By extension from my family, yes, I am grateful for a video game. My son Andy has a close friend named Rayne, and I’ve considered her a part of my family since she and Andy were in high school. She lives in Portland, Oregon now. Soon after COVID started, when it was pretty obvious I was getting stressed out, she told me she was playing Animal Crossing and it was helping a lot. I played the GameCube version of this years ago and absolutely loved it. Rayne said the new game was very similar to the old one. I didn’t want to spend money on a game system right now, as I own and run a small business and, of course, COVID makes that business’ future uncertain. But my son Andy stepped up and bought me a system and the game and it’s been a lifesaver. I escape for hours onto my own island, building and decorating my house, talking with friendly animal neighbors, growing pumpkins, creating a coffee shop and an exercise center and a symphony and all sorts of places. Now, being a writer, you might think I can escape to other worlds pretty often. But the thing is, when you write fiction, it has to have a conflict, so no story or novel is completely peaceful. My Animal Crossing island, which I named Dreamhome, is peaceful.
MY WONDERFUL CLIENTS AND STUDENTS
AllWriters’ provides me with my extended family. Thanks to the miracle of the internet, I was able to completely move my business online. The majority of it was online already, but we had at least one workshop going every day, including Saturday, in the on-site classroom. It’s been dark since March, but my computer screen has been brightly lit. Seeing my students succeed is one of my biggest joys in life, and please bear in mind that success does not necessarily mean publication. For some of my students, success is their actually giving some time and thought to their own dreams. Putting a word down is a success. Writing a story, a poem, an essay, is a success. So is writing a book. And so is publishing. But the biggest success of all is acknowledging who you are and what you can do. I love what I do, and I love watching them learn that they love it too, and can actually say that out loud.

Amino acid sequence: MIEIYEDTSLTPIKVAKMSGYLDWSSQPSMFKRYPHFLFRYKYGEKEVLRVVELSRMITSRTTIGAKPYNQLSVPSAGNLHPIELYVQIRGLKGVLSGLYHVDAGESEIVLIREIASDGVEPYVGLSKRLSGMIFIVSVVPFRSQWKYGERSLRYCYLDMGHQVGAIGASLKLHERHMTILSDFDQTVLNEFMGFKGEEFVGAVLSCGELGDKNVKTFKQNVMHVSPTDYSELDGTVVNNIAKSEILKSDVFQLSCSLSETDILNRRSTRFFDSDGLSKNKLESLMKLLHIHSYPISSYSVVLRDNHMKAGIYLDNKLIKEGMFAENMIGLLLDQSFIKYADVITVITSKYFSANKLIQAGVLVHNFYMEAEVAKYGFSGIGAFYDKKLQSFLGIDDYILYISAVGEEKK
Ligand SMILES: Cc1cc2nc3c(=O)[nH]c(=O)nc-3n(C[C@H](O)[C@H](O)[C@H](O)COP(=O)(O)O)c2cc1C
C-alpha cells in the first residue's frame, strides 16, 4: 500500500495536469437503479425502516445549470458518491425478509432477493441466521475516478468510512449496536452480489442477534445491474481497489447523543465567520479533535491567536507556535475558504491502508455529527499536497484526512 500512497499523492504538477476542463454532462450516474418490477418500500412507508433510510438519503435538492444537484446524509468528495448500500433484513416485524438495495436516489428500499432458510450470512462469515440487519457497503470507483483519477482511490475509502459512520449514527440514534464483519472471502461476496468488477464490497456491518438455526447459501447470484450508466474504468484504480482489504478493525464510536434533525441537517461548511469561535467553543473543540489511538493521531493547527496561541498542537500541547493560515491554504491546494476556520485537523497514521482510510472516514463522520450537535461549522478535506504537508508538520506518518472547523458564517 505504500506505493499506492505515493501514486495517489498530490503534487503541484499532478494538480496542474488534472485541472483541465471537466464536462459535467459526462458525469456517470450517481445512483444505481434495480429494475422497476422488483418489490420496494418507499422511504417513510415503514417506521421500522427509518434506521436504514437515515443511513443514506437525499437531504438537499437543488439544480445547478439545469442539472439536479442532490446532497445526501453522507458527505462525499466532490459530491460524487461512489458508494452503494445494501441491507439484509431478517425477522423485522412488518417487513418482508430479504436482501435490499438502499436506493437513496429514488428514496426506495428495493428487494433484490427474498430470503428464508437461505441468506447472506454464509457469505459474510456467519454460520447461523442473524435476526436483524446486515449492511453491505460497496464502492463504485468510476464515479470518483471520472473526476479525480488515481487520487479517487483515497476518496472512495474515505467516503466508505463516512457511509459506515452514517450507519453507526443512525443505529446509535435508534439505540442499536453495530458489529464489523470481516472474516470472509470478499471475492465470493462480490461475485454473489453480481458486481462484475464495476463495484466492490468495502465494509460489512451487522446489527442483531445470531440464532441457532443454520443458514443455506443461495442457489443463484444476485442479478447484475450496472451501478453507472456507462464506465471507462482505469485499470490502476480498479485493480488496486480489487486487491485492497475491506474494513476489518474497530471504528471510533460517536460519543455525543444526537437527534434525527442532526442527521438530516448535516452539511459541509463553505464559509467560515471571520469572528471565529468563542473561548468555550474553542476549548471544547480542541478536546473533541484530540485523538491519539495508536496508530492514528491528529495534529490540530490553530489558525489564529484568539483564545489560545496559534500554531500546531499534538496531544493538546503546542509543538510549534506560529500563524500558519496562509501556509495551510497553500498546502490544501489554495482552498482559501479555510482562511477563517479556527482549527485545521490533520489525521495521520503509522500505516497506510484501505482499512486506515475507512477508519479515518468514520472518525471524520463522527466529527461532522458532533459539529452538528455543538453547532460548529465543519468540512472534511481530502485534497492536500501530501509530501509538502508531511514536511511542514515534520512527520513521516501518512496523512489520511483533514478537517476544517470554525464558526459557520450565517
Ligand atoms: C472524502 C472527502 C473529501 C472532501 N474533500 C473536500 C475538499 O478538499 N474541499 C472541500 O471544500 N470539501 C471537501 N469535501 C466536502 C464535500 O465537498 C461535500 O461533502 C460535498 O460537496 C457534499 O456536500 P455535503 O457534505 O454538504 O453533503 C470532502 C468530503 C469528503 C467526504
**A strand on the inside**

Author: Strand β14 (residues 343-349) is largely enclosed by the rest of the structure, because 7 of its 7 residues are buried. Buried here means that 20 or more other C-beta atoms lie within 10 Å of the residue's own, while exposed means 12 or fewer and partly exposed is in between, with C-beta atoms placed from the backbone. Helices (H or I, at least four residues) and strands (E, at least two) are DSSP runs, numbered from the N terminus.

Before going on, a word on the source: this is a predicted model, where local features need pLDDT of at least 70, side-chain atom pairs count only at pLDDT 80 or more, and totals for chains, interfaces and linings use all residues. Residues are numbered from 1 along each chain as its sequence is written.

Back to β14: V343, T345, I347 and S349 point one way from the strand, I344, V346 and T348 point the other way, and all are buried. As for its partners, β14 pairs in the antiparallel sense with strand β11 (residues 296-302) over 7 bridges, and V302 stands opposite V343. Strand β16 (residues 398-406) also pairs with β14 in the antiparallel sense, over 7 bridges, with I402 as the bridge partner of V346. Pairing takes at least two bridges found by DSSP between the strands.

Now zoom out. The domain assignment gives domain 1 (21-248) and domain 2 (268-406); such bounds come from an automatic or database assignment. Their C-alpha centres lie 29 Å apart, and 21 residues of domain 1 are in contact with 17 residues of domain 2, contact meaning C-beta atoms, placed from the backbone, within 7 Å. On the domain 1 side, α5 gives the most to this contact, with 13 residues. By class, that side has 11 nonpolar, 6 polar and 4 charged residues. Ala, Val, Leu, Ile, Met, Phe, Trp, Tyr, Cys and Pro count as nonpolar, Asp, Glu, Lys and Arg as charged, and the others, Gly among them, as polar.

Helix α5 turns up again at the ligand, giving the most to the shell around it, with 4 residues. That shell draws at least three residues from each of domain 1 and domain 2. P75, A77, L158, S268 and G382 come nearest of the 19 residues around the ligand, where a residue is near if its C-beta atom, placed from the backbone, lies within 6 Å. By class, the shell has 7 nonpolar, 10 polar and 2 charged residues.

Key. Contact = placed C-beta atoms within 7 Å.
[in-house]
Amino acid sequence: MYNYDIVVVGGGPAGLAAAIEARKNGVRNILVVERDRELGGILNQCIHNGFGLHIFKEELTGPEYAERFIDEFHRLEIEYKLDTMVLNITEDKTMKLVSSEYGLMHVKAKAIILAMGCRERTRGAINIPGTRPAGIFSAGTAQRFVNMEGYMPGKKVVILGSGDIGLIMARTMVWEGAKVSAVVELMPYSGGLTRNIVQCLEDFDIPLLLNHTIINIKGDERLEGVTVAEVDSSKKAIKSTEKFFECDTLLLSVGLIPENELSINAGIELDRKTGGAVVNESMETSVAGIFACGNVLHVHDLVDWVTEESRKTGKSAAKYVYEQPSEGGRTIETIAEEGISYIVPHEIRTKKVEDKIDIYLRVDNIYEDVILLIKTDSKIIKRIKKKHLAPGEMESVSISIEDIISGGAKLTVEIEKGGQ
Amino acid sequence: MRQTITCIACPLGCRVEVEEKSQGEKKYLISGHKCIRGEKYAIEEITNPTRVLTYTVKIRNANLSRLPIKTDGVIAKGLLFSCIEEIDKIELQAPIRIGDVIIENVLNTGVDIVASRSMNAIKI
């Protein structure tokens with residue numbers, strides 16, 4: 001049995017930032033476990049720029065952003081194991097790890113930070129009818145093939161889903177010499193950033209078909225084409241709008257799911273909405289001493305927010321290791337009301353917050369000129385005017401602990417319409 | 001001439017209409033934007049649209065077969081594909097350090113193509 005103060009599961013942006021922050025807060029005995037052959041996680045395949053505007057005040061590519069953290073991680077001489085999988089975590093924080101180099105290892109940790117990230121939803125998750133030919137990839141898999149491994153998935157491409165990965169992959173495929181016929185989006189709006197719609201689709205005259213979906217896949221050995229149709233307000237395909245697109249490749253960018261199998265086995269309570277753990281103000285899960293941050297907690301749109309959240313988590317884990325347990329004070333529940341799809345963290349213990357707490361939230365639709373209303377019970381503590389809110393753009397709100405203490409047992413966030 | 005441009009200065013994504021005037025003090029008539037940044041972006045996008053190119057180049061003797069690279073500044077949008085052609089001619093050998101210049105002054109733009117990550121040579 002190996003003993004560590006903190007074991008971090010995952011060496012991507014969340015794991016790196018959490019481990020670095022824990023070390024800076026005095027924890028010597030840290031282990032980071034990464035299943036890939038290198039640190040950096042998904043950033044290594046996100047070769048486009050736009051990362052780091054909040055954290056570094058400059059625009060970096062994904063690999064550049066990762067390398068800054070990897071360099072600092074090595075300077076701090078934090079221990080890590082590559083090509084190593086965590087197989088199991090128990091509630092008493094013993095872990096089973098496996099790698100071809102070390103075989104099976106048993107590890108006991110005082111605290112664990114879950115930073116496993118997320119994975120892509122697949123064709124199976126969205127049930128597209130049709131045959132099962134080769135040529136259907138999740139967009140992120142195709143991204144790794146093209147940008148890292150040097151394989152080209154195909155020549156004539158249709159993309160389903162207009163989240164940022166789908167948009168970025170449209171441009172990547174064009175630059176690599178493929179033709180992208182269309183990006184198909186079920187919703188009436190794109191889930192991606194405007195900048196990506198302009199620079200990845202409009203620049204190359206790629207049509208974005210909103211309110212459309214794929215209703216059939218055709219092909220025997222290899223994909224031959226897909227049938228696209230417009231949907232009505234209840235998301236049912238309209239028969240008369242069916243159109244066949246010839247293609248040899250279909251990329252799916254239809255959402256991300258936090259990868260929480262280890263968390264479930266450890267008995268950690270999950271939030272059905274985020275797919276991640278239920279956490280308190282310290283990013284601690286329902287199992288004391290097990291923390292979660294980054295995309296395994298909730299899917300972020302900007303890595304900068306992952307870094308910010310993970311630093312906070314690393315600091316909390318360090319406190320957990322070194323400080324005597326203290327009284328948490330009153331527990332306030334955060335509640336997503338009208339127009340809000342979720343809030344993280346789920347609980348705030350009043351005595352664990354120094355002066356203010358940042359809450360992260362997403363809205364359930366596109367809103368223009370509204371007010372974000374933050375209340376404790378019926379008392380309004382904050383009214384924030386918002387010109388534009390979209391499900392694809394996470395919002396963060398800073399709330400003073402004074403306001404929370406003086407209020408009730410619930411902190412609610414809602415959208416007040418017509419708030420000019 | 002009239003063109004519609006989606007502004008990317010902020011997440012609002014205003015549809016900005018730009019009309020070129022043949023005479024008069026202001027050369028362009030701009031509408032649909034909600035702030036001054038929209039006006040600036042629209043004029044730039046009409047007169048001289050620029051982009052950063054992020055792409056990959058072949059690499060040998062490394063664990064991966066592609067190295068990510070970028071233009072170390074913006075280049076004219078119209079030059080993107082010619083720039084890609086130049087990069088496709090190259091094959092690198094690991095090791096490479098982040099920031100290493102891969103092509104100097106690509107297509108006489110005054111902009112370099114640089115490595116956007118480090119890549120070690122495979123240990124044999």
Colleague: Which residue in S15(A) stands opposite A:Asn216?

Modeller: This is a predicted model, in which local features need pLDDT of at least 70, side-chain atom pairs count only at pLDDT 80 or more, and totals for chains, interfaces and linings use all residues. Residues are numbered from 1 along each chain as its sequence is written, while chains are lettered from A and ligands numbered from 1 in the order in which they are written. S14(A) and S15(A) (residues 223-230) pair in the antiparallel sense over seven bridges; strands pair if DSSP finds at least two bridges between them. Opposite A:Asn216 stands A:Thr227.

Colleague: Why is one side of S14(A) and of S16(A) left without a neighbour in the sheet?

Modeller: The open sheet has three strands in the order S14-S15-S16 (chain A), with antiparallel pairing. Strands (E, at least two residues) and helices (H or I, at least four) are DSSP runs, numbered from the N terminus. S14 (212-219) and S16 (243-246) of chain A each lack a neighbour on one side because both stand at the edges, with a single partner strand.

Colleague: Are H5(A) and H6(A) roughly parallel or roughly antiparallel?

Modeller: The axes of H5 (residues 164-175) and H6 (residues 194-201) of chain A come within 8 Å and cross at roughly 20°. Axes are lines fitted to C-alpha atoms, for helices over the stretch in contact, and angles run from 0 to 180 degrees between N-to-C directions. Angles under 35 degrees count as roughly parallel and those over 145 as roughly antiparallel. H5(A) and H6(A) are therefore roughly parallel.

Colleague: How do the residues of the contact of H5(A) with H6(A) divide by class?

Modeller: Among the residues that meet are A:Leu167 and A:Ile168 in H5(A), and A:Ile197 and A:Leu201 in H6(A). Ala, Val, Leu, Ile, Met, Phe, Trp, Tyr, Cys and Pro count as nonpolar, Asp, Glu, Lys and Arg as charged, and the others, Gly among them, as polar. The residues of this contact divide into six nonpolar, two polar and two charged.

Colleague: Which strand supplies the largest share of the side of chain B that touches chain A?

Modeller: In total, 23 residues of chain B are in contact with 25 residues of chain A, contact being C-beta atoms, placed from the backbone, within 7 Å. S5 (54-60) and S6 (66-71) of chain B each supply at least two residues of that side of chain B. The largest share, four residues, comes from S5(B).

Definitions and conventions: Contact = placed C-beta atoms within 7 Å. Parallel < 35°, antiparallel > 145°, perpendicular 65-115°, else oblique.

MY NEW PUBLISHER
My 12th book, 6th novel, is under contract with a new publisher. This publisher blew me away to the point where I had to call the acquisitions editor and ask her to sit down with me and go over the contract paragraph by paragraph because I couldn’t quite believe what I was seeing. The new book will have a hardcover edition, something I’ve never had before. There will be international distribution. And there was that magical word of all magical words – an advance. There is nothing that says a publisher believes in you more than their offering to pay you before your book is even released. Holy cow. This was massive validation.
I am grateful as well for my previous publishers, of course. They believed in me when no one else did and put me out there. Without them, I wouldn’t be here.
Three years out from breast cancer. Still taking the oral chemo pill every single night, but I only have two years left. Three years out feels good.
Lordy. Can you imagine going through this without Zoom, Skype, Facetime, and however else people are still getting together? I don’t understand the internet, I can’t see it or touch it, but I am ever so grateful for it.
So. Even in this awful, no-good, horrific year, there are things to be grateful for. While I’m not consciously aware of having a “gratitude practice”, I am aware of being thankful. We look ahead. We move forward.
We go have some pumpkin pie, fresh out of the oven.
And yes, that helps. Despite. Anyway.